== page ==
A new Mountain View startup founded by Kate Endress, ex-Google Engineer Sergey Surkov and ex-Nokia engineer Dmitry Kornilov called DITTO (no, not the one recently acquired by Groupon) is launching its online eyewear retail site to the public today, alongside the announcement of a $3 million seed funding round led by August Capital. DITTO isn’t the first startup to venture into online eyeglasses sales, but it does bring a unique twist to the table, thanks to a 3D virtual try-on tool that uses a shopper’s webcam to provide them with a close approximation to how pairs of glasses will actually look like on their faces.
DITTO, as mentioned, isn’t first to sell glasses online, and even virtual try-ons have been done before by companies like Coastal.com, the Vancouver-based parent company of ClearlyContacts.ca, Lensway.com and many other localized international online discount eyewear retailers. But DITTO takes a cue from augmented reality tech to put the glasses on your actual face for virtual fittings, allowing users to see what frames look like on their face head-on, and as they turn their neck from side-to-side.
Endress, also DITTO’s CEO, told BetaKit in an interview that the try-on process, like the rest of the site, is designed to be as simple as possible, in order to help provide online shoppers with a glasses buying experience that avoids the traditional pitfalls of buying such a highly specialized and customizable item online. She thinks DITTO goes beyond existing options like Costal’s brands and Warby Parker in this regard.
“We view DITTO as an experience,” she said. “So you come to the site, you get a site that’s clean and easy to understand, you get a curated collection of the brands you love, you get to create a ‘DITTO’ [what the company calls it’s virtual models] and try glasses on to see that they actually fit.” DITTO also offers social sharing options, which Endress says helps complete the experience by providing a way to “try on” products with friends and loved ones.
DITTO also provides a list of frames from popular designers, including Ray-Ban, Derek Lam and Vera Wang, and Endress said more partnerships are already in the works and should come online in the next few months. Warby Parker offers only in-house design, so it has to sell both the process of shopping online and its own brand, too.
The site doesn’t only face challenges from outside, however. There’s also the fact that the tool used to create a user’s DITTO is Flash-based, which means that users can’t use iPads or mobile devices to create their virtual model or view frames. Endress says iPhone and iPad apps are on the way, however, and the team is working to make sure DITTOs, once recorded, will be available to all platforms. Creation will likely still be handled via the web using Flash, but since Endress said a DITTO is intended to be a create-once, use-repeatedly tool like a Facebook profile pic, she doesn’t see that as much of a barrier.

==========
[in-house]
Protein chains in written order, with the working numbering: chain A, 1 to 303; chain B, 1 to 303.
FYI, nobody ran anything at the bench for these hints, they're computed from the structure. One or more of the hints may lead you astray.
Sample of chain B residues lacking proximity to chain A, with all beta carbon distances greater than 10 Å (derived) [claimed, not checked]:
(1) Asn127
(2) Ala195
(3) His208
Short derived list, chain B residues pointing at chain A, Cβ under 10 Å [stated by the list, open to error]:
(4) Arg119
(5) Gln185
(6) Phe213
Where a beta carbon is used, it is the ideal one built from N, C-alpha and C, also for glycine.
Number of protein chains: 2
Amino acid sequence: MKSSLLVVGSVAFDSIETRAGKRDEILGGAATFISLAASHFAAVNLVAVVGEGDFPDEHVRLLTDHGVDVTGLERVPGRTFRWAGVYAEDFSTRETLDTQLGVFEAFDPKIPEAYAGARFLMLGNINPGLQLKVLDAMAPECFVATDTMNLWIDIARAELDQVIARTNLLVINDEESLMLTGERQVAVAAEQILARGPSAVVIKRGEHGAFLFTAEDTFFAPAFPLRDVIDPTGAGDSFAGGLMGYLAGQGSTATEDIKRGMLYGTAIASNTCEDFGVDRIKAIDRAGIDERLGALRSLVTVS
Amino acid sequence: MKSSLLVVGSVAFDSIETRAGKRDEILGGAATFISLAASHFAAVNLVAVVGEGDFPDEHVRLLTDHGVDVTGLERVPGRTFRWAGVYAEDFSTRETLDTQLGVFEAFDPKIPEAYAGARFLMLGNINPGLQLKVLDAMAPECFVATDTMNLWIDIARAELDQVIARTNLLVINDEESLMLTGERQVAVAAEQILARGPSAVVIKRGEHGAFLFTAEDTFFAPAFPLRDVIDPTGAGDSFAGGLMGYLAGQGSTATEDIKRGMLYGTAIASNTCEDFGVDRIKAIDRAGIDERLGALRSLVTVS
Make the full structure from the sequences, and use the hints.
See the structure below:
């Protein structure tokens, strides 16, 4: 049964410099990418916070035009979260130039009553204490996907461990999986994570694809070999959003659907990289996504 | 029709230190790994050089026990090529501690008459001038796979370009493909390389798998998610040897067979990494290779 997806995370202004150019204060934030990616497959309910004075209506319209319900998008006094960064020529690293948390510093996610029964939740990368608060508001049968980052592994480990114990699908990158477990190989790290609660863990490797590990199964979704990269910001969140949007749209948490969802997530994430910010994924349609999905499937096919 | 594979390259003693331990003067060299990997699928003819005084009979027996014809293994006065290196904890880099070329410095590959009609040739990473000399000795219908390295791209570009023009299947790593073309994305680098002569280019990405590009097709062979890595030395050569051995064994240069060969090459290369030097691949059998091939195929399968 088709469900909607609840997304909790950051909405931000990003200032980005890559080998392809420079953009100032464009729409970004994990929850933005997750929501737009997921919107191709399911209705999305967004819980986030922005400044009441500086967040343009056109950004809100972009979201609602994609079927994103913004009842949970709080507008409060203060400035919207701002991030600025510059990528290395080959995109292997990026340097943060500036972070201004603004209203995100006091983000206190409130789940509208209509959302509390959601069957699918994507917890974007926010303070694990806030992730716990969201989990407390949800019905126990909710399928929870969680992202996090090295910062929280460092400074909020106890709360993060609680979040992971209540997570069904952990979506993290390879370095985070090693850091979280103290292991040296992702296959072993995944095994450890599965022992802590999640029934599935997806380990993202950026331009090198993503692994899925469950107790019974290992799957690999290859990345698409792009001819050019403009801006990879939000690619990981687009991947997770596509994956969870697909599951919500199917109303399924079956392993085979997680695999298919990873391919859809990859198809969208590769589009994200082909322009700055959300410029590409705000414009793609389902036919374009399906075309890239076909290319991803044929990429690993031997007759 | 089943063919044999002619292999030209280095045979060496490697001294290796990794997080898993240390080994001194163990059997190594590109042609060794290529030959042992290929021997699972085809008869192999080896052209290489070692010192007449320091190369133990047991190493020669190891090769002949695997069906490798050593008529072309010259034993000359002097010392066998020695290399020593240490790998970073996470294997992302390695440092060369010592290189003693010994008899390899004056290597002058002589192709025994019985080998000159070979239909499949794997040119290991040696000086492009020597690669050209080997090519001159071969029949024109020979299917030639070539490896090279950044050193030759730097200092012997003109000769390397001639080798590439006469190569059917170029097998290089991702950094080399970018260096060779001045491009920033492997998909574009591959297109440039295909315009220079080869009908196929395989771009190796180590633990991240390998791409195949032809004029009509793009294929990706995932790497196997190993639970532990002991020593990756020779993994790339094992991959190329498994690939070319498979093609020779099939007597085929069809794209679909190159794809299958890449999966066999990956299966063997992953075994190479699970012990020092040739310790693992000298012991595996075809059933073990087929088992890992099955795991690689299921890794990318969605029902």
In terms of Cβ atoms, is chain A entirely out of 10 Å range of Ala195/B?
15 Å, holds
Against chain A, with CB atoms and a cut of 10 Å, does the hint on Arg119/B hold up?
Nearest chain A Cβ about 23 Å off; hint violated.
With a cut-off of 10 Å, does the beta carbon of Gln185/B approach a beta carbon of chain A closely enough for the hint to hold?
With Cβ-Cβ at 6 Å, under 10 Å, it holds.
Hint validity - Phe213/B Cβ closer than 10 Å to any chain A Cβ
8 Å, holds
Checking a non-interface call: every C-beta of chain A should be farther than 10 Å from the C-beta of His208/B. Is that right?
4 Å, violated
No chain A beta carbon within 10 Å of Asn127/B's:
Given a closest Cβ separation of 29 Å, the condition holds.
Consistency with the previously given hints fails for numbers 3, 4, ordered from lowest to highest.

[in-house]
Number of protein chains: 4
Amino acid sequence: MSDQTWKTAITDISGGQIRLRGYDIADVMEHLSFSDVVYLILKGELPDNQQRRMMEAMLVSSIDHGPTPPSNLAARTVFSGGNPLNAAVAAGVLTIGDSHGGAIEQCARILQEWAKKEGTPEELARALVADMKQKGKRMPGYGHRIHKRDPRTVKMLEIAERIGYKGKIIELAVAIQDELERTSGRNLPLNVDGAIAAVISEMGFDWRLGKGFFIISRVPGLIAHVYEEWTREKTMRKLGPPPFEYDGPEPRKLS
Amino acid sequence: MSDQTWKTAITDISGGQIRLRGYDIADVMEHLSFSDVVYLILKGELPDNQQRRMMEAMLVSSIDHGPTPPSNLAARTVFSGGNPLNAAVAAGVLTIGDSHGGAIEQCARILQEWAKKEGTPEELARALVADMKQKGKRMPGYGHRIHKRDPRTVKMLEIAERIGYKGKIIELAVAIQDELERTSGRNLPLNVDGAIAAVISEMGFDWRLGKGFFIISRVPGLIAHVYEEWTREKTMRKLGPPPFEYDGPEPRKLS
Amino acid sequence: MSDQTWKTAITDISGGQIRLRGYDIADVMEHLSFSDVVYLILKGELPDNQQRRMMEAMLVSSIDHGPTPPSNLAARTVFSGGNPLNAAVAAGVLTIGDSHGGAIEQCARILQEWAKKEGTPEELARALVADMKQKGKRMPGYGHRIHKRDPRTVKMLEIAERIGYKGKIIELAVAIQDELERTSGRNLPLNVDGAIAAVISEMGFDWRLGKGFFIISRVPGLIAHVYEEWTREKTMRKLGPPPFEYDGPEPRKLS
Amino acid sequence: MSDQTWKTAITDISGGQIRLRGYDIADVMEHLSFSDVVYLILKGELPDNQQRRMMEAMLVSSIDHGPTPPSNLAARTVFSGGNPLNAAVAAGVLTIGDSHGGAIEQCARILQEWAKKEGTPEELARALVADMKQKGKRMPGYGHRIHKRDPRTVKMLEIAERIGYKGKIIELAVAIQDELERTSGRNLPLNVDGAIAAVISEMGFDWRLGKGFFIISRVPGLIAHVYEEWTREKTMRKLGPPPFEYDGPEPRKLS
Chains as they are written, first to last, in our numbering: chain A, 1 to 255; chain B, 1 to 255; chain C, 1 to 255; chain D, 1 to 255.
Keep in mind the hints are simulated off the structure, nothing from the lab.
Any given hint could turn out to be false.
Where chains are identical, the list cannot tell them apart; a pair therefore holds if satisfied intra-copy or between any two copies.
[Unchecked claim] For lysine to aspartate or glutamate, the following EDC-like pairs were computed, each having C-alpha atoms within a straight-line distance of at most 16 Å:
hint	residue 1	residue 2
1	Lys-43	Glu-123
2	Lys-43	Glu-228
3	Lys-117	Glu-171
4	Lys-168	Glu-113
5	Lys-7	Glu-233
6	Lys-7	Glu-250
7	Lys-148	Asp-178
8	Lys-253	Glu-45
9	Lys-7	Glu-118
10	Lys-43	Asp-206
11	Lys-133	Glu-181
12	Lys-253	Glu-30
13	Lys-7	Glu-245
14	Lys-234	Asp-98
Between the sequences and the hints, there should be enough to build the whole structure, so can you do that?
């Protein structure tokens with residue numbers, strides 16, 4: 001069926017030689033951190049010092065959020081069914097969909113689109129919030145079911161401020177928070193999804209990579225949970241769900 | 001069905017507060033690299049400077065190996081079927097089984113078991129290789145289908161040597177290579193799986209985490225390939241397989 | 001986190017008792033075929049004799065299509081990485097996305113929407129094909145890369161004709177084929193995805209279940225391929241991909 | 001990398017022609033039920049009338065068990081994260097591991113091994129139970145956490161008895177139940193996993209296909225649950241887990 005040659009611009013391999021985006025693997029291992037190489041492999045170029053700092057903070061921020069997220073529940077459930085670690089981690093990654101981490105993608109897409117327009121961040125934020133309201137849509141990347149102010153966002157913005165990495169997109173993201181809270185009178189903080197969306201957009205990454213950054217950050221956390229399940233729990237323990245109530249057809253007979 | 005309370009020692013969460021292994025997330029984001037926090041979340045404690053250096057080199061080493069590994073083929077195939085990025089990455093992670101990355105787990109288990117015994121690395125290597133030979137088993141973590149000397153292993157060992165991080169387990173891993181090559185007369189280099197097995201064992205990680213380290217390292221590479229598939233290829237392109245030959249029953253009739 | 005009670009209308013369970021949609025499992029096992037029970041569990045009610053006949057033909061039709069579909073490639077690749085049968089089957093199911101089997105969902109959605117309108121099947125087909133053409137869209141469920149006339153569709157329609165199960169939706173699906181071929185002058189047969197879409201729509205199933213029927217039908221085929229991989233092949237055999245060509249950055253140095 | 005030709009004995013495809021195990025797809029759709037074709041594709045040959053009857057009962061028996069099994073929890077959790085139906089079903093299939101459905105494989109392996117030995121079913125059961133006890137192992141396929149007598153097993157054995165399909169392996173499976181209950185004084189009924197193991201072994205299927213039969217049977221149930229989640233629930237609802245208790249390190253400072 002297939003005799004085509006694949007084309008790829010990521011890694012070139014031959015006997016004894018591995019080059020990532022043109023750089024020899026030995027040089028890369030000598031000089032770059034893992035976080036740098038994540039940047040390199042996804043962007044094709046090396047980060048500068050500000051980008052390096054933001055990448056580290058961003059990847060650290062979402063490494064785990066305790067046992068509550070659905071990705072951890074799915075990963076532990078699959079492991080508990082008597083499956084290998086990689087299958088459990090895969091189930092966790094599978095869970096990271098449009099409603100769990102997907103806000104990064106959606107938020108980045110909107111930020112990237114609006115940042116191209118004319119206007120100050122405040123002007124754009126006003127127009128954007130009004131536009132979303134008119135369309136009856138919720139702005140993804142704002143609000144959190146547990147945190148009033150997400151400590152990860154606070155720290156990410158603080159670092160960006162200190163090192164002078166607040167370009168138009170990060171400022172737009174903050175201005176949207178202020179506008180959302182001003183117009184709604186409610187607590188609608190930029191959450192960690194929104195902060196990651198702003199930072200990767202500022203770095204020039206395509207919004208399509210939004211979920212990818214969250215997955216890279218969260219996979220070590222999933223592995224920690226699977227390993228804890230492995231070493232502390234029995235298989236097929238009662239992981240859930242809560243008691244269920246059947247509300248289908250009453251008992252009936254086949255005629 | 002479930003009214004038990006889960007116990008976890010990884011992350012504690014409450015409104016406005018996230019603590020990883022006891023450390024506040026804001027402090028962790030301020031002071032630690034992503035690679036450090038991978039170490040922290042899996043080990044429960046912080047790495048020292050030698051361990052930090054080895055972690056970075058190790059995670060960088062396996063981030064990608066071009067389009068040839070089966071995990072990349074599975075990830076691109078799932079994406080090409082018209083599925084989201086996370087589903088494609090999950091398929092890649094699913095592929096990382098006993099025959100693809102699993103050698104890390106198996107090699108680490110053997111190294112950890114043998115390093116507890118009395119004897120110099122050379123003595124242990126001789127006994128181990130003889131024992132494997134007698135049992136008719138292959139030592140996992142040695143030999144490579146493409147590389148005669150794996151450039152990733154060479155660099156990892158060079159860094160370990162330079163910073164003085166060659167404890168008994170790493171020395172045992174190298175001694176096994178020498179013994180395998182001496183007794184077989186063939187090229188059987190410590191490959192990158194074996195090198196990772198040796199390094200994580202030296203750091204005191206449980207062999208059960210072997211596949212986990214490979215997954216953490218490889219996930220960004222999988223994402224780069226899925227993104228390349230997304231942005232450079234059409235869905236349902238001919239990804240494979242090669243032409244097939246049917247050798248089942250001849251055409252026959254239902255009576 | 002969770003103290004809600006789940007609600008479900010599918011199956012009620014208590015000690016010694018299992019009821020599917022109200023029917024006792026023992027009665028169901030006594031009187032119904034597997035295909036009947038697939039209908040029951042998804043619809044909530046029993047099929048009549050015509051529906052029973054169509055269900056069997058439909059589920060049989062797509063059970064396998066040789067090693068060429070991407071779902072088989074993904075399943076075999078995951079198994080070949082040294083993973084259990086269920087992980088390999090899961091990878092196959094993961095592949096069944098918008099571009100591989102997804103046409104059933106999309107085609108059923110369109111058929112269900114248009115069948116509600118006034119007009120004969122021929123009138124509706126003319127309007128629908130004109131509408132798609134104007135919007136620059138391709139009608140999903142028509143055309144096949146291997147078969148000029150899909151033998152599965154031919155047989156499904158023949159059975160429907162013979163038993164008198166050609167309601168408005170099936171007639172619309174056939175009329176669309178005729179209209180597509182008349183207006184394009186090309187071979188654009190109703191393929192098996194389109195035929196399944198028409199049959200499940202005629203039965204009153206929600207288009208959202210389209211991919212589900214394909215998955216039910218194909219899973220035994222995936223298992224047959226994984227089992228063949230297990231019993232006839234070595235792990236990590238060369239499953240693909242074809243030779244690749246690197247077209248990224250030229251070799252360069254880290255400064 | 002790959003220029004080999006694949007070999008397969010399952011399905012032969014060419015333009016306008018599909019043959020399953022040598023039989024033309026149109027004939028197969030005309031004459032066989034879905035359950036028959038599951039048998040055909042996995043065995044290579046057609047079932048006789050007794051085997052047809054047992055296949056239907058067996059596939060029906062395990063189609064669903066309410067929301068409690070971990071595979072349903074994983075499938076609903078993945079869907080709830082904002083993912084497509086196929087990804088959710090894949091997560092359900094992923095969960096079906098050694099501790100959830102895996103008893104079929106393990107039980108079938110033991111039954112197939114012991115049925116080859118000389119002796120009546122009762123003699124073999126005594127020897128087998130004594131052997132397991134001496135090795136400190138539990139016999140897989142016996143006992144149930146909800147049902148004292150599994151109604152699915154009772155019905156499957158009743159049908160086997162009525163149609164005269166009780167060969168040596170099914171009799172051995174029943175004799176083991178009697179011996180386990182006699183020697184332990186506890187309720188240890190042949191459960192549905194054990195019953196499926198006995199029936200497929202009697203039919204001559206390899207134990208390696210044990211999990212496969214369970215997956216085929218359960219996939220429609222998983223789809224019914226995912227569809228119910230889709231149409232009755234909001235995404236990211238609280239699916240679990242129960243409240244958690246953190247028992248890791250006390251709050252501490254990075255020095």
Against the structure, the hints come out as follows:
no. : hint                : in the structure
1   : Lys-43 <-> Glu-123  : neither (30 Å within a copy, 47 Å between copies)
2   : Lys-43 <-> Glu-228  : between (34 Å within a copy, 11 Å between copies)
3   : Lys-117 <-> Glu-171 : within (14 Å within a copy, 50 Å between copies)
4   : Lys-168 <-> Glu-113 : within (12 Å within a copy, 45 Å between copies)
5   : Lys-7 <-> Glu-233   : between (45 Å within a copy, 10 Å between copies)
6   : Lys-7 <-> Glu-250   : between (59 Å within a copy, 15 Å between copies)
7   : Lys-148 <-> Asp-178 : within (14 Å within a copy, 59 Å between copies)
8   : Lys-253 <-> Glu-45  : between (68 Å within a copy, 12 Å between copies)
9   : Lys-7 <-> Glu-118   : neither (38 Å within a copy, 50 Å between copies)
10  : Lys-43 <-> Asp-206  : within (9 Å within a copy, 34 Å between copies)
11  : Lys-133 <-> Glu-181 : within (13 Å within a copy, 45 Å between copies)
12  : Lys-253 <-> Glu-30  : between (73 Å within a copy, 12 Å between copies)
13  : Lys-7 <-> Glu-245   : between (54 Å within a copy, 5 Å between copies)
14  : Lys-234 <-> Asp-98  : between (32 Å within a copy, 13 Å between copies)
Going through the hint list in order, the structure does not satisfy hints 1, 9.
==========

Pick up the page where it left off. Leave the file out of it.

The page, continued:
Another potential technical barrier for shoppers is that DITTO is only currently compatible with the most modern browsers. The site’s design and simple philosophy are clearly aimed at the general buying public, and attracting shoppers away from brick-and-mortar eyeglass stores will depend on them being able to use the DITTO tools to begin with. Endress says that’s a primary engineering focus for the team, however, who are constantly working on adding support for older browsers, too.
DITTO’s pricing ranges from $110 to $1,800 for frames, which also include lenses with anti-reflective and anti-scratch coatings for free. Customers who want to add ultra-thin high index lenses for strong prescriptions will have to add a $50 surcharge to their order, but DITTO’s model is still more all-in than Coastal’s, and on par with Warby Parker, which offers the added incentive of social good through its buy-one, give-one program. DITTO is also U.S.-only for the time being, but Endress said their are plans for international expansion in the works.
Like most online eyeglass shops, DITTO also offers no-hassle returns, even for glasses with prescriptions, which is basically a must when dealing with this kind of product. The major differences it provides come down to its video-based virtual try-on tool, and a focus on designers that are more up-market than most of its competitor offerings. Its real potential lies in its ability to lure customers away from brick-and-mortar stores, rather than from existing online options. But with the worldwide eyeglasses market set to hit $95.66 billion by 2015 according to a recent report, there’s room for everyone to grow, so long as the value proposition makes sense to potential shoppers.
Endress also hinted at the possibility that DITTO could move beyond eyeglasses, though it would be far in the future. “We started with eyewear because we really thought the pain point was there, and certainly we feel there’s room to grow in this space, so we’re staying pretty focused out of the gate,” she said. “That said, we do acknowledge that this idea of solving fit online extends into other retail categories, so we’ll just have to see at what point that makes sense for us.”